Boeing to cut 30% of defense executives
Nov 07, 2012 (Menafn - Chicago Tribune - McClatchy-Tribune Information Services via COMTEX) --Chicago-based Boeing Co. on Wednesday announced a major restructuring of its defense division that will cut 30 percent of executives from 2010 levels and calls for future cuts to middle-manager ranks.
The job cuts are "extremely unlikely" to affect executives at Boeing's headquarters in downtown Chicago because they are coming from firm's defense division, not corporate operations, Boeing spokesman Todd Blecher said.
Despite the timing, Wednesday's announcement had nothing to do with the U.S. presidential election, Blecher said.
"I know what it looks like, but I can tell you from having been involved in this that I never heard anybody deliberately plan around the election," he said.
The company has been working for months on the restructuring, and it was happenstance that the senior executive committee met on Monday to give final approval for the plan, which was announced Wednesday, he said.
The restructuring is also not directly tied to the impending Jan. 2 "fiscal cliff," which in part refers to huge automatic cuts in U.S. defense spending, he said.
Instead, Boeing, the Pentagon's second-largest supplier, said the changes were the latest step in a budget-cutting drive that has already identified cost cuts totaling 2.2 billion between 2010 and today. The firm would only give the percentage of executives cut, not raw numbers of people or positions being eliminated.
"There's an overall effort to reduce executive ranks across the board -- we're getting to the end of the first phase of that," Blecher said. "Since 2010, we've really been on a push to reduce our operating costs within the defense business. It was in anticipation of declining defense budgets over a longer period of time than the current political situation would have you believe."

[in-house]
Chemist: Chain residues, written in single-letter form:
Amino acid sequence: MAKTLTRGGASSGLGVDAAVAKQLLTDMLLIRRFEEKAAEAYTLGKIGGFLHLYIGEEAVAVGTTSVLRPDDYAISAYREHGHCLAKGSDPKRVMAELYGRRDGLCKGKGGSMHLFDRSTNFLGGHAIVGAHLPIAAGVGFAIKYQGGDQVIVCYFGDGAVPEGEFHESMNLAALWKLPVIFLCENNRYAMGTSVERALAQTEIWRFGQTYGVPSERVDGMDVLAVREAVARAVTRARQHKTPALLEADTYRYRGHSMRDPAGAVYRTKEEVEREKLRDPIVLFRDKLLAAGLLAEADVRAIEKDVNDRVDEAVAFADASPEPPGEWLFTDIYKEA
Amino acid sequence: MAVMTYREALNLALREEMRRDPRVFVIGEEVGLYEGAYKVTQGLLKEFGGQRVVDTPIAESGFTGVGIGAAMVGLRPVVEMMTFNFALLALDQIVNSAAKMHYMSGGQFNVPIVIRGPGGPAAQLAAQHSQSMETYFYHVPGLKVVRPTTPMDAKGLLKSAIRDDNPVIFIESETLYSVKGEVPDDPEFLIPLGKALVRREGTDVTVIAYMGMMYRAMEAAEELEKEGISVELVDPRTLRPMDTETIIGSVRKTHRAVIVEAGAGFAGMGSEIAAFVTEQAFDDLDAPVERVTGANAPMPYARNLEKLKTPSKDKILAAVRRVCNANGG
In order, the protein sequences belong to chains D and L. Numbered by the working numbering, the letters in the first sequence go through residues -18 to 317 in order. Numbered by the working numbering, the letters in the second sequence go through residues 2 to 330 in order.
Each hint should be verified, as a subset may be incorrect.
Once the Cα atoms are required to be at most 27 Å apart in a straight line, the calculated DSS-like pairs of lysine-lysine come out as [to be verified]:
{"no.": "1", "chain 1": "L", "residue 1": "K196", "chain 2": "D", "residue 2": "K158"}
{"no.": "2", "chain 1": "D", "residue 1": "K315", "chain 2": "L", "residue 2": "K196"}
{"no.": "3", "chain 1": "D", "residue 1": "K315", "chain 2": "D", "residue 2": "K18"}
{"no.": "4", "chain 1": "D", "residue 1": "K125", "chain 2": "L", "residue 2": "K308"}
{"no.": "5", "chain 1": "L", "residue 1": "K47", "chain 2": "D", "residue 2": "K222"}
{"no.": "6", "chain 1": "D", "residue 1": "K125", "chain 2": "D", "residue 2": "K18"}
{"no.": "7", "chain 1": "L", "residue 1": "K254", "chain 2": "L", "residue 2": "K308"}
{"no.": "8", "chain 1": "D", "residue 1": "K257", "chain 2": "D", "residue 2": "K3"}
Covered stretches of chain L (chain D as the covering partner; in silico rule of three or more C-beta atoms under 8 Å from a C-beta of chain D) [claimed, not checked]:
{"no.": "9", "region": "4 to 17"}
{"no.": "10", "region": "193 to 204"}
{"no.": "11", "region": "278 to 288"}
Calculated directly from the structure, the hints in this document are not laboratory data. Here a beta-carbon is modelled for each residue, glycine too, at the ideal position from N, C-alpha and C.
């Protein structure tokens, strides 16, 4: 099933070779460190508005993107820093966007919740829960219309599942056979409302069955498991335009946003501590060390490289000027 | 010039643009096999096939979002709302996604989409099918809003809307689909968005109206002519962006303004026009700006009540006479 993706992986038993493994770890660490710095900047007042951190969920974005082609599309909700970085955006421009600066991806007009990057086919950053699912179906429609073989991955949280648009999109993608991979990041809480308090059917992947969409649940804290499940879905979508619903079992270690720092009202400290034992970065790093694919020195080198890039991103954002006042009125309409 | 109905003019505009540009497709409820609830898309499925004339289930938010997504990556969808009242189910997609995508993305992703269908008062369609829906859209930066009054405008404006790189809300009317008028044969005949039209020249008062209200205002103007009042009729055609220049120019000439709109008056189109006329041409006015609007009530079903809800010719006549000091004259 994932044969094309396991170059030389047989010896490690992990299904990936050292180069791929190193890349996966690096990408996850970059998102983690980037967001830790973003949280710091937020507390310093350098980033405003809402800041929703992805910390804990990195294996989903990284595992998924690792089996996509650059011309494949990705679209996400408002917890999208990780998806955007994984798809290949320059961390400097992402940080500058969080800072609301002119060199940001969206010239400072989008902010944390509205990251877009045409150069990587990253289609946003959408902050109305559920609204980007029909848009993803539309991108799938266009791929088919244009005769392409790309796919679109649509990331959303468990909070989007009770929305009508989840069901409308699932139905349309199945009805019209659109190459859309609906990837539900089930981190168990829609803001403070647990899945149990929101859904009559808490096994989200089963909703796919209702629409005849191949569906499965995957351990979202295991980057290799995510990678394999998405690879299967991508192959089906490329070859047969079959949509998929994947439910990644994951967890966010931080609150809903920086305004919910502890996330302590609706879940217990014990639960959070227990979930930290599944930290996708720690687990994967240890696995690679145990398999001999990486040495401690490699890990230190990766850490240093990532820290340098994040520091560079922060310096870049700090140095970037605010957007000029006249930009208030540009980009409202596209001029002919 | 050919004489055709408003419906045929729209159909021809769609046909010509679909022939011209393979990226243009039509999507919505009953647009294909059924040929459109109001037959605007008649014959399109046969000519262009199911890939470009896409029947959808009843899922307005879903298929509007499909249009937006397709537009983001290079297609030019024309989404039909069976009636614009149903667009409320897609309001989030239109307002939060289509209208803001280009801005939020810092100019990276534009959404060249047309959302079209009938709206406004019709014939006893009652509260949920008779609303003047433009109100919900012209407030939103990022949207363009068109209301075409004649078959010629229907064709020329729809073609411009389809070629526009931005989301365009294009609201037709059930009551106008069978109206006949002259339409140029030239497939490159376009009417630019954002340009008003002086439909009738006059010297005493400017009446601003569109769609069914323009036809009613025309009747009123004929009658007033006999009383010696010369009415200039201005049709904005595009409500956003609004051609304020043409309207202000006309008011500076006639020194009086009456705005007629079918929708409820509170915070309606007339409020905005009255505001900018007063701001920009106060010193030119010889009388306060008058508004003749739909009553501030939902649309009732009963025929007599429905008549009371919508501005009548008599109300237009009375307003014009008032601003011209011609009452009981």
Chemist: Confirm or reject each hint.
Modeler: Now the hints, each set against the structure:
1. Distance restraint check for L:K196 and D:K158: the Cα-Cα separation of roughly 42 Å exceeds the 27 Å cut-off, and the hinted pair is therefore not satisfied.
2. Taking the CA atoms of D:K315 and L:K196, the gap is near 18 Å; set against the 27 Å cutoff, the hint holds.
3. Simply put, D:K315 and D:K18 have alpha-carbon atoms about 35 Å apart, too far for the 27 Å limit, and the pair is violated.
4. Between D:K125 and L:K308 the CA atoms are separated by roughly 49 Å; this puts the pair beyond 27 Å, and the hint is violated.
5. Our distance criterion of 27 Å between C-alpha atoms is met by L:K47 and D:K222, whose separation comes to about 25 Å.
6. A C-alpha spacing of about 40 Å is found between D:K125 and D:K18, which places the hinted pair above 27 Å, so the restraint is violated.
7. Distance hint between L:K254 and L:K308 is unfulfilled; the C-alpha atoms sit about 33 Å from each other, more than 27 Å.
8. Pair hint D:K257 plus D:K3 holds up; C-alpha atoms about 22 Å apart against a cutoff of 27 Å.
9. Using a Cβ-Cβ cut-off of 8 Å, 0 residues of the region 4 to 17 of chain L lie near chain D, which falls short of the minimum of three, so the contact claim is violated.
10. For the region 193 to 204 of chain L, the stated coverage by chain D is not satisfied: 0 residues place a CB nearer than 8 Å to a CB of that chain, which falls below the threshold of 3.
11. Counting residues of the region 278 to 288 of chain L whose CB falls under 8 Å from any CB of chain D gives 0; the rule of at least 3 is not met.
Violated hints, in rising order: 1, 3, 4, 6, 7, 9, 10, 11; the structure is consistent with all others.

The company is also restructuring its defense businesses, which required moving around some executives, and it is re-examining its facilities nationwide, which will result in some consolidation, Blecher said.
The measures come as U.S. weapons makers are under pressure to cut costs and preserve profit margins amid dwindling defense spending in the U.S. The next phase of cost-cutting, another 1.5 to 2 billion through 2015, will involve cuts to personnel below executives, to middle-mangers, Blecher said.
Boeing and other top weapons makers like Lockheed Martin, Northrop Grumman Corp. and Raytheon Co. have focused heavily on cutting costs and drumming up foreign sales to maintain profits as they prepare for a sustained period of weaker defense budgets.
Defense consultant Loren Thompson said the changes were needed to ensure Boeing's continued profitability. "Many investors focus on Boeing's commercial operations," Thompson said, referring to the jet-making business. "But defense provides 40 percent of the company's revenues and returns, so controlling costs there is crucial to maintaining the company's overall profitability."
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